Selene – Would you consider The Stairs Lead Down a YA novel? How does writing YA differ from writing for adults?


I.E. Lester – I think it is a novel suitable for young adults and upwards. When the idea coalesced (or congealed, maybe that’s a more suitable word) around having two teenagers as the main character it seemed reasonable to try to write it from that perspective. And YA, the best YA in my opinion anyway, shouldn’t be that different from fiction aimed purely at an adult readership. I wouldn’t write explicit sex scenes into a YA story but I wouldn’t write these into any of my fiction without a specific reason crucial to the plot as I generally find these get in the way of the story. If I wanted to have sex scenes I’d buy pornography not a fantasy or horror novel.


I also might not be quite as violent on the page as in my other fiction but I wouldn’t remove it altogether. A horror novel needs to have scares and threat to make it a horror novel.  Also the language in terms of cursing might be toned down but it shouldn’t be in terms of vocabulary otherwise. Writing young adult fiction but trying to exclude all the long words to me is patronising.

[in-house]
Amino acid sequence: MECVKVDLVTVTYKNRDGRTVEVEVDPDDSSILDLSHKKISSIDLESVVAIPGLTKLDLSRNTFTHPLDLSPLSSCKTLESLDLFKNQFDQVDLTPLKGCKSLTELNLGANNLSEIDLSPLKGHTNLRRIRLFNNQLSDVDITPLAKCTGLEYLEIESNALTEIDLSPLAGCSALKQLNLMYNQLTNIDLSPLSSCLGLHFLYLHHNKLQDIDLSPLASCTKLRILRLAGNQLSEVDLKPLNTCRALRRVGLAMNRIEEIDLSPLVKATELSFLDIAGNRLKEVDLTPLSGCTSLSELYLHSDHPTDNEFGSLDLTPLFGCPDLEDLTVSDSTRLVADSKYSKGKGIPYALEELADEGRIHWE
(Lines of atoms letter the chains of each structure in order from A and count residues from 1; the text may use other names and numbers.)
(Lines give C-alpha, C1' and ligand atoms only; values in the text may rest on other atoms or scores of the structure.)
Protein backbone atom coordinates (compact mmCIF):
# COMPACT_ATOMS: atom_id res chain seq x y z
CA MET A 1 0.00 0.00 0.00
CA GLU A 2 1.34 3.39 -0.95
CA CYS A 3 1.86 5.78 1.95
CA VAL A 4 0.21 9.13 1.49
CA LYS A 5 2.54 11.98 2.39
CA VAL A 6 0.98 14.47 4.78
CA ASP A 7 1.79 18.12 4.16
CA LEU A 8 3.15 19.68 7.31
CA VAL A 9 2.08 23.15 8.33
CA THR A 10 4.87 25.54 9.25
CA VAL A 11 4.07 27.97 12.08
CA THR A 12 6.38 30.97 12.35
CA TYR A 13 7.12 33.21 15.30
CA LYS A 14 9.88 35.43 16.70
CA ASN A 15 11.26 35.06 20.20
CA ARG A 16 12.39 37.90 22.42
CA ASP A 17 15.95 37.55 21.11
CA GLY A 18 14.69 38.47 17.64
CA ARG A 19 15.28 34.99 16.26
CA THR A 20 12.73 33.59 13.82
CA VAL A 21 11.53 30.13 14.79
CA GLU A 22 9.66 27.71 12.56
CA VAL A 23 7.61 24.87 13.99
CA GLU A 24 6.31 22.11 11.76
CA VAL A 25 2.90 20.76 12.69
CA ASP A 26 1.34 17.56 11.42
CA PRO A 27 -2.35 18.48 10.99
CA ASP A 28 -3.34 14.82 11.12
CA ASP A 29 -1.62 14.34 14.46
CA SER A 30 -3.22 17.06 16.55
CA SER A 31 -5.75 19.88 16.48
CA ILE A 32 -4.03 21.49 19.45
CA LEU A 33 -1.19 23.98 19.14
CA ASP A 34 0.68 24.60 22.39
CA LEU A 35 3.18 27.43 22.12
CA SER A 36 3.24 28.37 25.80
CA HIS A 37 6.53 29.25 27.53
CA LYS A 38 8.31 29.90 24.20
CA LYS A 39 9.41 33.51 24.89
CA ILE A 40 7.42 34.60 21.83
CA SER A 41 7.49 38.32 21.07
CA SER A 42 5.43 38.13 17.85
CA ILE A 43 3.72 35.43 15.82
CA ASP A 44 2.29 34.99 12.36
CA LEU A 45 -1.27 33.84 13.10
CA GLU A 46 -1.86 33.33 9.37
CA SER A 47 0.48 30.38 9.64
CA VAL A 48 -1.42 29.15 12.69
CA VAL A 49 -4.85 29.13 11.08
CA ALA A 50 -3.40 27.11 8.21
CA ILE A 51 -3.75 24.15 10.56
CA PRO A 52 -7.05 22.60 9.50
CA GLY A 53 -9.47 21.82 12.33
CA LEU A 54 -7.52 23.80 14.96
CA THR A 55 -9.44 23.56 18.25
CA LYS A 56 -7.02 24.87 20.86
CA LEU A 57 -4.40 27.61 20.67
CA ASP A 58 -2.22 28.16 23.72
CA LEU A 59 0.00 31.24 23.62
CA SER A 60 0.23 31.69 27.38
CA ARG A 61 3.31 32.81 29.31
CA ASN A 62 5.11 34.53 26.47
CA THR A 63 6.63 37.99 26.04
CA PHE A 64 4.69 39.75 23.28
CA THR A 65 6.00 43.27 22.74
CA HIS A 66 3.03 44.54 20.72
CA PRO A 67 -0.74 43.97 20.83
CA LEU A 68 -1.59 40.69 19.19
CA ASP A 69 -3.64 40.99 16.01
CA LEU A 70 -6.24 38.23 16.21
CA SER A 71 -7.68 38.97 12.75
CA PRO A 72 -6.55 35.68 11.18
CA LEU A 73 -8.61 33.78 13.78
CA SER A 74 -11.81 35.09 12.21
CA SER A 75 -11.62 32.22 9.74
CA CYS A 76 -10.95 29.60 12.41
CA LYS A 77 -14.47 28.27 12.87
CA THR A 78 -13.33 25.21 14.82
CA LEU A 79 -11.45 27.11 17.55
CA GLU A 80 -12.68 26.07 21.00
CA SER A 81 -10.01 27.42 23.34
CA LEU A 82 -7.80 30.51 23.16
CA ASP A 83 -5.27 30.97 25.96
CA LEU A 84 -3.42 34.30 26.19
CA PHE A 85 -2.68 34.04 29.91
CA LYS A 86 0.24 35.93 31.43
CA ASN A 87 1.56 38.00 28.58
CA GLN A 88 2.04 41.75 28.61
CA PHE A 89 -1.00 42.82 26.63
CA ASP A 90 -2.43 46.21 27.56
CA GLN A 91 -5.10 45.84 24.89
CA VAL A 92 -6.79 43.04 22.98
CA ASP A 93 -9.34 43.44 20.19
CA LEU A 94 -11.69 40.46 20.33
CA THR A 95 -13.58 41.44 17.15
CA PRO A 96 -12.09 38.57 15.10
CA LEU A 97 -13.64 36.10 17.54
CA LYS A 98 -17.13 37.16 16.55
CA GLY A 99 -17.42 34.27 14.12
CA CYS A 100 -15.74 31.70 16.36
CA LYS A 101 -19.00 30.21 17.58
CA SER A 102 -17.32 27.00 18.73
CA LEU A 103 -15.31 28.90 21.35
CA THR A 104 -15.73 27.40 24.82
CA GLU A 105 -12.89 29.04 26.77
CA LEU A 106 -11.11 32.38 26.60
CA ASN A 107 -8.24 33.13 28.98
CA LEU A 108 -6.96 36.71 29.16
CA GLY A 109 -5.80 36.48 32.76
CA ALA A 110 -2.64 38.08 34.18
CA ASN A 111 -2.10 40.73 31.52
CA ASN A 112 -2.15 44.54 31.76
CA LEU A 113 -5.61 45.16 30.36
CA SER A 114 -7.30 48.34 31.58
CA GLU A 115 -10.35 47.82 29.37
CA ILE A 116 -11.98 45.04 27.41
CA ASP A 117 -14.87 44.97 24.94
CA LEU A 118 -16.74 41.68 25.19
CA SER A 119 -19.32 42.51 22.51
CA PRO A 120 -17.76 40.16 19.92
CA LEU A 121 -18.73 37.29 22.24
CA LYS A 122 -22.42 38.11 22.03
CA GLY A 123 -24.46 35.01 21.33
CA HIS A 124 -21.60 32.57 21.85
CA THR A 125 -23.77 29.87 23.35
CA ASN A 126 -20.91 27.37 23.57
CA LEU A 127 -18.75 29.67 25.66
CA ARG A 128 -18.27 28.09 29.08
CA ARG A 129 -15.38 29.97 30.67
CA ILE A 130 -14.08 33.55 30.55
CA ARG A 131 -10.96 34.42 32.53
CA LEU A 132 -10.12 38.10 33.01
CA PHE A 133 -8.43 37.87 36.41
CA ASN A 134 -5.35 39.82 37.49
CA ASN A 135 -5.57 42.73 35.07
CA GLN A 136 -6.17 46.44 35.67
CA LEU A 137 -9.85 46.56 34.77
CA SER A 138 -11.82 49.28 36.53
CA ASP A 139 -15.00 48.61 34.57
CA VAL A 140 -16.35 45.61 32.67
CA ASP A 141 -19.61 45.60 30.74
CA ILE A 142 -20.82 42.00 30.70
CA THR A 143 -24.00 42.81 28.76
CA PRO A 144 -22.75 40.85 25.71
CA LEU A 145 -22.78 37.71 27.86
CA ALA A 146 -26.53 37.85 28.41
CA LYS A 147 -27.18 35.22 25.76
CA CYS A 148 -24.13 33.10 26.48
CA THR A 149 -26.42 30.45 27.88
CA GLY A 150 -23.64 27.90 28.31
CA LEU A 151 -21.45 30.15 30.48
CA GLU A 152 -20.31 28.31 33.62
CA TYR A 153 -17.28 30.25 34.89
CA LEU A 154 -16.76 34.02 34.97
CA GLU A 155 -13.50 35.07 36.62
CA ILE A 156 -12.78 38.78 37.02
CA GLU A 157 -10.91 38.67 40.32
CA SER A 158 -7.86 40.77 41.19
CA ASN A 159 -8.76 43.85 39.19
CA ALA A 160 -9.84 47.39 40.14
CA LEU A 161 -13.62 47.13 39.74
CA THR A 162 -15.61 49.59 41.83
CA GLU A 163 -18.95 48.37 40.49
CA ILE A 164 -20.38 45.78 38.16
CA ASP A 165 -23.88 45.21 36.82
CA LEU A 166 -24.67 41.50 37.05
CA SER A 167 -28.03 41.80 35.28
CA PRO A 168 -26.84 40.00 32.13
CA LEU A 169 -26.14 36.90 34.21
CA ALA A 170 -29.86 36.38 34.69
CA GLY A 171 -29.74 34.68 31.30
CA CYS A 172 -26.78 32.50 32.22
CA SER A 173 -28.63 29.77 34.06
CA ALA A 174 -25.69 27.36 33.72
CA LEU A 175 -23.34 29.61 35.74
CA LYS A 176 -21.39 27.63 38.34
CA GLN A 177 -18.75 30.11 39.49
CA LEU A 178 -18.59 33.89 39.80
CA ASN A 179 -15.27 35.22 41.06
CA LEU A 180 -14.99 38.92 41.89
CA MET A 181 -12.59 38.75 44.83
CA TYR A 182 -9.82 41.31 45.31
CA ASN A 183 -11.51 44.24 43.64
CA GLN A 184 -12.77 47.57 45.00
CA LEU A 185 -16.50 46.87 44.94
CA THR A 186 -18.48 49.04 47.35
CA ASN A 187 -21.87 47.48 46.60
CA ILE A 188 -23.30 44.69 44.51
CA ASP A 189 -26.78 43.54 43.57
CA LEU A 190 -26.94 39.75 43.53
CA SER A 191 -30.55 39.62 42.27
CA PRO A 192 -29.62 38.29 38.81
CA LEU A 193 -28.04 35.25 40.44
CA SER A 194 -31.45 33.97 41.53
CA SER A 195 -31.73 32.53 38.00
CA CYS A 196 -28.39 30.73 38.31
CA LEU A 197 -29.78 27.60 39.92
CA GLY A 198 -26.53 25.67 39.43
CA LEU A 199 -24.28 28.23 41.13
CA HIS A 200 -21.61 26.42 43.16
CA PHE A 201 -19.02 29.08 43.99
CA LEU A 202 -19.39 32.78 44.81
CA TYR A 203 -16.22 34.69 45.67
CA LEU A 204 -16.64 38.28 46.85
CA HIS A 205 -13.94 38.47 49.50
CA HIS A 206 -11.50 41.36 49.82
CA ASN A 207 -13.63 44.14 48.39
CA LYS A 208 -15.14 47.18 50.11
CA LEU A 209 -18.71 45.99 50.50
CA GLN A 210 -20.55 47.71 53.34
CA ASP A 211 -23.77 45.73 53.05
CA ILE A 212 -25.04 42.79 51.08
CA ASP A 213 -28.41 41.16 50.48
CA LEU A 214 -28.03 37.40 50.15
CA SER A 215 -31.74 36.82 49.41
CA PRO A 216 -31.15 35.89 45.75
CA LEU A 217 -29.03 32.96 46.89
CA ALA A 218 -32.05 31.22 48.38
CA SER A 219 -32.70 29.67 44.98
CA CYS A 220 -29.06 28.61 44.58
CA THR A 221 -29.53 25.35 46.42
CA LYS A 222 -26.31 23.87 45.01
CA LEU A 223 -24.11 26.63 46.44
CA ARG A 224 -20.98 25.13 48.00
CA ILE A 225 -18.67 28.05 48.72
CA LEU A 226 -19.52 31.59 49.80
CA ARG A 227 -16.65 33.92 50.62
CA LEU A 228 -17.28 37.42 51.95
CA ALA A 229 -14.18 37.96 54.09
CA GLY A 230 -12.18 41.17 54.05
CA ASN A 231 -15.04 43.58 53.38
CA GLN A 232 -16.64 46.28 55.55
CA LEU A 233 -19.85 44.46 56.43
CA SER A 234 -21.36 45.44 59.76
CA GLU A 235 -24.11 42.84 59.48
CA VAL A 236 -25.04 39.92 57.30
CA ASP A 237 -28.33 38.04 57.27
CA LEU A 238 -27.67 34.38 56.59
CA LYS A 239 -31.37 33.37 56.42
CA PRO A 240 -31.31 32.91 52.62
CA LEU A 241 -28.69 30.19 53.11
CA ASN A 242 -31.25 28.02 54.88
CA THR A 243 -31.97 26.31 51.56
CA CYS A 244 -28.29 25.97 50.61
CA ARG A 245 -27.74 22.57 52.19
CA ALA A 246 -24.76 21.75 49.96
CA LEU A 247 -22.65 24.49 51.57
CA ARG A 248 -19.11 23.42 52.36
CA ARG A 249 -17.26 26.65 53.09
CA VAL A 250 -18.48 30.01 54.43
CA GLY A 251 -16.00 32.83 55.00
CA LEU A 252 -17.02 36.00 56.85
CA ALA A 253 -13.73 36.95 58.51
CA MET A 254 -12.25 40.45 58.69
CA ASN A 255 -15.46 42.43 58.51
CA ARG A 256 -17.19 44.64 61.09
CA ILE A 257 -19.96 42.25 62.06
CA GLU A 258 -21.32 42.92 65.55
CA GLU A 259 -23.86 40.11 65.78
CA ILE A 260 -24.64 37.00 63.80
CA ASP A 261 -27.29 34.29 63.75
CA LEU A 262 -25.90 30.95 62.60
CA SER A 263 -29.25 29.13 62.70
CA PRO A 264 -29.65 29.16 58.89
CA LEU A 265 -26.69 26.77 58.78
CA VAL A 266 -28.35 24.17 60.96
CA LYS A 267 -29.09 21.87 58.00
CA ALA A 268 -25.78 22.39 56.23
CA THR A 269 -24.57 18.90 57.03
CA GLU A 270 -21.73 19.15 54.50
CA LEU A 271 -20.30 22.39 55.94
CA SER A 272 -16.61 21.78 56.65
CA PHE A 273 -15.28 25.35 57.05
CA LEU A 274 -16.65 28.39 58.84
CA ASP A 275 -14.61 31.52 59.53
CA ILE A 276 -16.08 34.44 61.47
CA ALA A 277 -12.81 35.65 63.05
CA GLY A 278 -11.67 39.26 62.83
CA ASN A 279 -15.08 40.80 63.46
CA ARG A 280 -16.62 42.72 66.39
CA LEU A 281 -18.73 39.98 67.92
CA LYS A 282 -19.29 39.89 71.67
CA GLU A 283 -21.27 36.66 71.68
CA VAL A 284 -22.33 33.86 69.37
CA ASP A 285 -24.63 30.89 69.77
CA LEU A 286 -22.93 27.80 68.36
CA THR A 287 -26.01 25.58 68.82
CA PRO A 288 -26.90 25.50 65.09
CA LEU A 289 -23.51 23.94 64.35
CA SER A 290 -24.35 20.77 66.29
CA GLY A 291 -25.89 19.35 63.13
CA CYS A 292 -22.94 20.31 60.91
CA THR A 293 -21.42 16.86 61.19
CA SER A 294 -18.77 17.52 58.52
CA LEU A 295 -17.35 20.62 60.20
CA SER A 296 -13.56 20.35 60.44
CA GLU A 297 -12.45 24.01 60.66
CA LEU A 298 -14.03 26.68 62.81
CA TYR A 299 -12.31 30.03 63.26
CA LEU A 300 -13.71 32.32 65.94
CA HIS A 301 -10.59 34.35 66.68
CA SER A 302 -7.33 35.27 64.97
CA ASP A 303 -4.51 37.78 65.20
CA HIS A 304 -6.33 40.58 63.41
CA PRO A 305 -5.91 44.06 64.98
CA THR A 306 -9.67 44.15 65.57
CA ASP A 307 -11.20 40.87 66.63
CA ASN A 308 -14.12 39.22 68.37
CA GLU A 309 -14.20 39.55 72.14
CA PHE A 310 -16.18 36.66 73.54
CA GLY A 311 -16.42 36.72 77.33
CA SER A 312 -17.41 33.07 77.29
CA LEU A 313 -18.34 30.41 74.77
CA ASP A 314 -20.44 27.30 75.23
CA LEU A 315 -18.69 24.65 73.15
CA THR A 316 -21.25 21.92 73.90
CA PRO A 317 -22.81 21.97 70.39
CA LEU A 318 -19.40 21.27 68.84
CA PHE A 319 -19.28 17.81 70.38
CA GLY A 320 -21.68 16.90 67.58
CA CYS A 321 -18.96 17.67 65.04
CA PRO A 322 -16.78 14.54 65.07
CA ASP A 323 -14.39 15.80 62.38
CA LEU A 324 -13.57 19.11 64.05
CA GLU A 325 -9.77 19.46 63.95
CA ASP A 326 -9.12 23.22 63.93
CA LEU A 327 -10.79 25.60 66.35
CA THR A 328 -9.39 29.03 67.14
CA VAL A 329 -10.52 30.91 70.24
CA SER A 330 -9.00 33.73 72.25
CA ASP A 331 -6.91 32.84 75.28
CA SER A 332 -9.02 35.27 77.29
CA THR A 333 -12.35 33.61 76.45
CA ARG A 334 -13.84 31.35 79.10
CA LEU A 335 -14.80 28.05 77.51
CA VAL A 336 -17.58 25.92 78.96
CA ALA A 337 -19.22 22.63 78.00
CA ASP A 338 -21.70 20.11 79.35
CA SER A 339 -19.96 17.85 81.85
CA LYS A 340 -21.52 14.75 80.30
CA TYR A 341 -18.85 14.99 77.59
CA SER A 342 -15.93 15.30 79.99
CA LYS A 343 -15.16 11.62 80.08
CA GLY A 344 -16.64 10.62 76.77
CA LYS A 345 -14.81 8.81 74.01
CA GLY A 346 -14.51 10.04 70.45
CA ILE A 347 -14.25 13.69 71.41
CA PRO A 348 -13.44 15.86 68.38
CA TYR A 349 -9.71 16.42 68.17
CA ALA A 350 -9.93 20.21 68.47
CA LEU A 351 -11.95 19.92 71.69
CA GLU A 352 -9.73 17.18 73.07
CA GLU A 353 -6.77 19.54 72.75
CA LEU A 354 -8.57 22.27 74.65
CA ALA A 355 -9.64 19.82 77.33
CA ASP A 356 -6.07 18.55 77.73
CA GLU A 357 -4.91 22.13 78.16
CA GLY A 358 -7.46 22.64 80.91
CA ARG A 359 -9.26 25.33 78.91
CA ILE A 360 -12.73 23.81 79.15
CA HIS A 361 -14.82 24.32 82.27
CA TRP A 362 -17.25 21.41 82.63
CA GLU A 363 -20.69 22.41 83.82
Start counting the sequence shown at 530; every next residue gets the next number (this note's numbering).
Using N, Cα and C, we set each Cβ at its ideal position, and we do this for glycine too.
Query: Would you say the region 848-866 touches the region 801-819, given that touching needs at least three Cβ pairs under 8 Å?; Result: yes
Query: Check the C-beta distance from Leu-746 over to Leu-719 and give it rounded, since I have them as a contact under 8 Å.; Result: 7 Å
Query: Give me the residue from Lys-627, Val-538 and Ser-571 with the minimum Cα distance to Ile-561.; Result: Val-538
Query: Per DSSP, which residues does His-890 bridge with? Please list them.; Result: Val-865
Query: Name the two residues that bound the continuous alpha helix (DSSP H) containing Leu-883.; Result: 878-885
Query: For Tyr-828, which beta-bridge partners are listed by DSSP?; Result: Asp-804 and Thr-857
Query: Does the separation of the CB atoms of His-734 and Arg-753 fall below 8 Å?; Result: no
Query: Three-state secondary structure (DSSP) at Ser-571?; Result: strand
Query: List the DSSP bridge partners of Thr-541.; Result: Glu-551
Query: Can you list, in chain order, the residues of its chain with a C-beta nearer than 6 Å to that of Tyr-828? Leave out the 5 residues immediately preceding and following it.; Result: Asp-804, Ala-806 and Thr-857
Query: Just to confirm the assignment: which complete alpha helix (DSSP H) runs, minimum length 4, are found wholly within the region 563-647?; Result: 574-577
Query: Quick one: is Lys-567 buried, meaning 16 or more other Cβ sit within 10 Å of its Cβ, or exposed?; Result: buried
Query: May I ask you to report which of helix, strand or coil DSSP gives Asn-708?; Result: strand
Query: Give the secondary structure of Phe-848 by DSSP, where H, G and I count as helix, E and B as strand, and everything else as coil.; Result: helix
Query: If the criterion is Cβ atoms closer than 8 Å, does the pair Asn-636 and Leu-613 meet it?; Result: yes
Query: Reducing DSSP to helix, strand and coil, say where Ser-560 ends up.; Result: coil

Selene – The Stairs Lead Down is a ghost story. What are some of your favourite ghost stories?


I.E. Lester – When I read this question one film jumped out at me immediately – Beetlejuice. I love that movie. Two more that came to mind were Susan Hill’s The Woman in Black, and the play based on it, and Charles Dickens’ A Christmas Carol – both wonderful stories. Then I had to think a little harder and although I could recall a few dozen ghost tales, in print and on screen, I found it difficult to think of any that I’d call favourites; odd given that I’ve written ghost stories.


Selene – Where do you get your ideas?


I.E. Lester – Everywhere and anywhere is the simplistic answer. I’m a bit of a polymath. I like reading and researching all manner of topics. I can be reading a book on Swedish Kings (yes I have one) and something just intrigues me and it gets filed away somewhere. Later a totally different topic might interest me, say particle physics, and for some reason my brain will put two things together and invent a third thing that bears no relation to the first two. So I write it down in a notebook; I keep notebooks everywhere I go.


Or I can watch a bad movie and start thinking how that plot could have been better; or how those characters could have been better constructed. And I write it all down. After a while several of these ideas seem to fit together and a plot begins to appear that makes sense of it all. So I start building a framework and when it seems self-consistent and interesting to me I might start writing it. Or I might not. Something else even more shiny may have distracted me by then.